The present model adequately describes the observed changes in albumin concentration and predicts population observation with minimum bias and error. The mean baseline albumin concentrations calculated from the estimated model parameters are similar to those observed. The baseline albumin secretion rate was significantly lower in patients co-infected with TB and HIV than in those with HIV only.

Individuals with ABCB1c.3435CC genotype had a 16% lower value of Q0 than those with ABCB1c.3435CT and ABCB1c.3435TT implying that presence of a mutation is associated with higher albumin secretion rates before treatment with ART. It is not immediately clear why this is the case since this single nucleotide polymorphism (SNP) has also been associated with predisposition to ART and rifampicin based anti-TB Drug Induced Liver Injury (DILI) through a possible low transport activity (Yimer et al. [2011], Thiebaut et al. [1987]).

Notably however is that when modeled as time varying covariates, neither CD4 count nor viral load had significant effects (p<0.05) on the model quantitative measures of disease progression and prognosis (R or Qss). This is possibly explained by the fact that albumin concentrations improve secondary to overall health improvement upon initiation of HAART and anti-TB treatment. This therefore implies that although albumin may be a cheap and suitable prognostic marker for monitoring HIV disease, co-morbidities and ART, there is need for validation studies.

Disease progression modeling, a technique that was employed by the current study remains one of the most robust ways for prediction of associations and multiple covariate analysis. The model developed in this study is robust and has stable parameter estimates, satisfactorily describes the data and has a high predictive capacity. Nevertheless the model has limitation including the estimation of albumin kinetics using a simple one compartment model rather than the known two compartment kinetics as well as inability to model and estimate the variability. This was because of very sparse data which could not allow estimation of several parameters. We were also unable to model the change in albumin elimination rate partly because of the sparse data but also because our objective was to study the albumin production dynamics. Other limitations included the assumed negligible maturation time of new hepatocytes, as well as lag time between synthesis and secretion of albumin by hepatocytes as compared to the study period of three months.

Notwithstanding the limitations highlighted here, this model had high precision and low bias in prediction thus it can be used to predict plasma albumin concentration in individual patients. It is useful in predicting prognosis (Mehta et al. [2006]) and could be useful in describing pharmacokinetics of albumin bound drugs in these patients. In addition, our model provides a basis for extended models describing treatment effects, comparing different treatment regimens as well as accounting for direct drug toxicity on the liver.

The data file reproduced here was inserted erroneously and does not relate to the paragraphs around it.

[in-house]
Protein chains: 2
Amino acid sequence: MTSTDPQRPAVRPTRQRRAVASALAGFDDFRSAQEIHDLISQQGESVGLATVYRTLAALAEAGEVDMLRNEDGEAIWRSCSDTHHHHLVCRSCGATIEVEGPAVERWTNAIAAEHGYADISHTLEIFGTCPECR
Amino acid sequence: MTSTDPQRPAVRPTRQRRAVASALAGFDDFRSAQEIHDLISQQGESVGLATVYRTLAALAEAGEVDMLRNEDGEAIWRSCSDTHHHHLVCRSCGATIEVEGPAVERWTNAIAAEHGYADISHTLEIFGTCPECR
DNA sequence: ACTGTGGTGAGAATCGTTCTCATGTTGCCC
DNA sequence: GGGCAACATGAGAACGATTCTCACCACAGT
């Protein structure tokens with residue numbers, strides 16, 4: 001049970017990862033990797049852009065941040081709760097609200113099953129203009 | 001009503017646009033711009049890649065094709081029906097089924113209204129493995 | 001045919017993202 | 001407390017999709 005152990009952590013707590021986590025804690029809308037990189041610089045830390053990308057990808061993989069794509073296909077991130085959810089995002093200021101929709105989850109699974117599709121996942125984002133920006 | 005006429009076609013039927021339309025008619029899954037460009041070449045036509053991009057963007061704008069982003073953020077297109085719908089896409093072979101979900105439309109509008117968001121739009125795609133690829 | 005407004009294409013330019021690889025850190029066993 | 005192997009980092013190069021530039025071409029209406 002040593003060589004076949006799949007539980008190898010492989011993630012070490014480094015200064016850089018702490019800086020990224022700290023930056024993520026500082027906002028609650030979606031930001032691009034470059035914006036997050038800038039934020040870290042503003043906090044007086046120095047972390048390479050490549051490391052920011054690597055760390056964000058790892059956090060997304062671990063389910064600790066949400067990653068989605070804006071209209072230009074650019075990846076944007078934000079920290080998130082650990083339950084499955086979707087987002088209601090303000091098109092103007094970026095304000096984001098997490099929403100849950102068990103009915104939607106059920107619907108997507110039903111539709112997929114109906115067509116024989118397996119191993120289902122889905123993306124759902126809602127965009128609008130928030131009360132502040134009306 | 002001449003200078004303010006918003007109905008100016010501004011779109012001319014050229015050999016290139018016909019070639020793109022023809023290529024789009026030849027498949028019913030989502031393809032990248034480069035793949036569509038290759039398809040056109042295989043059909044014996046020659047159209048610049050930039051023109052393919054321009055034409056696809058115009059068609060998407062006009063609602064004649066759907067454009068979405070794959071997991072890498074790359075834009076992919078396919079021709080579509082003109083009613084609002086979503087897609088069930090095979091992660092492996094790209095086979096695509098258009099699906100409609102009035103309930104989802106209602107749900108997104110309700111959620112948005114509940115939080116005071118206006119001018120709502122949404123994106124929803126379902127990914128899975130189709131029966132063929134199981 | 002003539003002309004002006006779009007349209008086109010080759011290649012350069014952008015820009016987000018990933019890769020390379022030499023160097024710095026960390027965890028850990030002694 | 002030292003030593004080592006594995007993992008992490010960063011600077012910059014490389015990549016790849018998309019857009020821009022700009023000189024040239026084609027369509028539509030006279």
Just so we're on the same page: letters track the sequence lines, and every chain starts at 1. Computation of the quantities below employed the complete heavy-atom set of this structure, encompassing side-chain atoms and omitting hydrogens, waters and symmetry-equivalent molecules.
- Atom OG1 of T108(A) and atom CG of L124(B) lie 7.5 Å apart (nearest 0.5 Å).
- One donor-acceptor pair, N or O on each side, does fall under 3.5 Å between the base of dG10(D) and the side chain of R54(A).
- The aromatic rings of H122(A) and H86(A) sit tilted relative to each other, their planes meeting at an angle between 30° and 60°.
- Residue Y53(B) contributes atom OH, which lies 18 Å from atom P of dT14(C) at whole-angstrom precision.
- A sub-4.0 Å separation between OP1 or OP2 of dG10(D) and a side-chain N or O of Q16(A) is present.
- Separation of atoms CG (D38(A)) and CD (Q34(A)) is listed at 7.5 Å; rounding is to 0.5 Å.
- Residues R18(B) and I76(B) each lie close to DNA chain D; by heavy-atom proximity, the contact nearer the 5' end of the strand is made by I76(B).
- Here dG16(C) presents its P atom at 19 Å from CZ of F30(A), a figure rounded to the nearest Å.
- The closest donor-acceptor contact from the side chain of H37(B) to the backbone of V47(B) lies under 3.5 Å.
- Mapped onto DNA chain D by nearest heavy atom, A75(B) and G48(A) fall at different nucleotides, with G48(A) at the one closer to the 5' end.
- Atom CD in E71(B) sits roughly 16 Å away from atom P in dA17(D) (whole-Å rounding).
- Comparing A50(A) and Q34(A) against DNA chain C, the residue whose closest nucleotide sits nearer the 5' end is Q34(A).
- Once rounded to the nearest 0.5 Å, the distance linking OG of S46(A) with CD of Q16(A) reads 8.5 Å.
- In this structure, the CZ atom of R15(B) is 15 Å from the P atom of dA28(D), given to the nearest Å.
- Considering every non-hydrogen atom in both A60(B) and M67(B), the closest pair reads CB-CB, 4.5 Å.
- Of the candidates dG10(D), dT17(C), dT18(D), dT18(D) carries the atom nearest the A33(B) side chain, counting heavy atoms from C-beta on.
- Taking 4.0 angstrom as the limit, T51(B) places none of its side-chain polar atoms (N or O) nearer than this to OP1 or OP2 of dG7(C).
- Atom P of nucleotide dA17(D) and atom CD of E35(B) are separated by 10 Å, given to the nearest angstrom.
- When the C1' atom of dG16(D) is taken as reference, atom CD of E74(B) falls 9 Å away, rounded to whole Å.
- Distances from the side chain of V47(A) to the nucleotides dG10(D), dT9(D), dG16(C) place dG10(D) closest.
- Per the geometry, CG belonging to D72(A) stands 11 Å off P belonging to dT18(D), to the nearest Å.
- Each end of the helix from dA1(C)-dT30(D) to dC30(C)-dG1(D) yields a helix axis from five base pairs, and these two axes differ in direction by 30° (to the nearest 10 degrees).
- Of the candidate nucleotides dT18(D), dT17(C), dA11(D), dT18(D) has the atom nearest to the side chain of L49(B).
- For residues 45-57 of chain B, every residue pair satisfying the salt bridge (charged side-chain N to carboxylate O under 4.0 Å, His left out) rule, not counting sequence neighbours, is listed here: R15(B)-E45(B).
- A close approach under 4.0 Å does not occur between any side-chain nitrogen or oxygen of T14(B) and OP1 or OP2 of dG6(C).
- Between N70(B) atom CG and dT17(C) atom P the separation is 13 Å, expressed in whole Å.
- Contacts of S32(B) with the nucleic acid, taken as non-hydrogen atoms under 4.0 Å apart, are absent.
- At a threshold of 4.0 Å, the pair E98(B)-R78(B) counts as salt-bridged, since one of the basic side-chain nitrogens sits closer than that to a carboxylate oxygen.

5 Conclusion

In conclusion, the proposed one compartment semi-mechanistic model described changes in plasma albumin concentration following initiation of HAART in HIV patients with or without TB. Changes in albumin synthesis and secretion could influence changes in plasma albumin concentrations in patients on HAART. ABCB1c.3435C>T genotype and TB disease status are significantly associated with albumin secretion rates before initiation of ART in patients receiving HIV and TB co-treatment. The model could be useful in studying the variation in pharmacokinetic profiles of drugs that are highly protein bound in these patients during different stages of treatment with HAART. More work needs to be done establish the utility of this model in monitoring disease progression and predicting prognosis in HIV and TB patients.

Additional file

Notes

Abbreviations

ART: 

Anti retroviral therapy

HAART: 

Highly active Antiretroviral therapy

HIV: 

Human immunodeficiency virus

VPC: 

Visual predictive check

SNP: 

Single nucleotide polymorphism

TB: 

Tuberculosis

Declarations

Acknowledgements

The collection of the data used in this study was supported by SIDA/SAREC, grant No. SWE 2007–270 Makerere University-Karolinska Institutet research collaboration.

Authors’ Affiliations

(1)
Department of Pharmacology & Therapeutics, College of Health Sciences, Makerere University
(2)
School of pharmacy, Union University Tennessee
(3)
Centre for Operational Research in Africa
(4)
Department of Clinical Chemistry, Mulago National Referral Hospital
(5)
Department of Clinical Epidemiology and Biostatistics, McMaster University
(6)
Department of Mathematics, College of Natural Sciences, Makerere University
(7)
CIHR Canadian HIV Trials Network

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© Bisaso et al.; licensee Springer. 2014

This article is published under license to BioMed Central Ltd. This is an Open Access article distributed under the terms of the Creative Commons Attribution License (http://creativecommons.org/licenses/by/4.0), which permits unrestricted use, distribution, and reproduction in any medium, provided the original work is properly credited.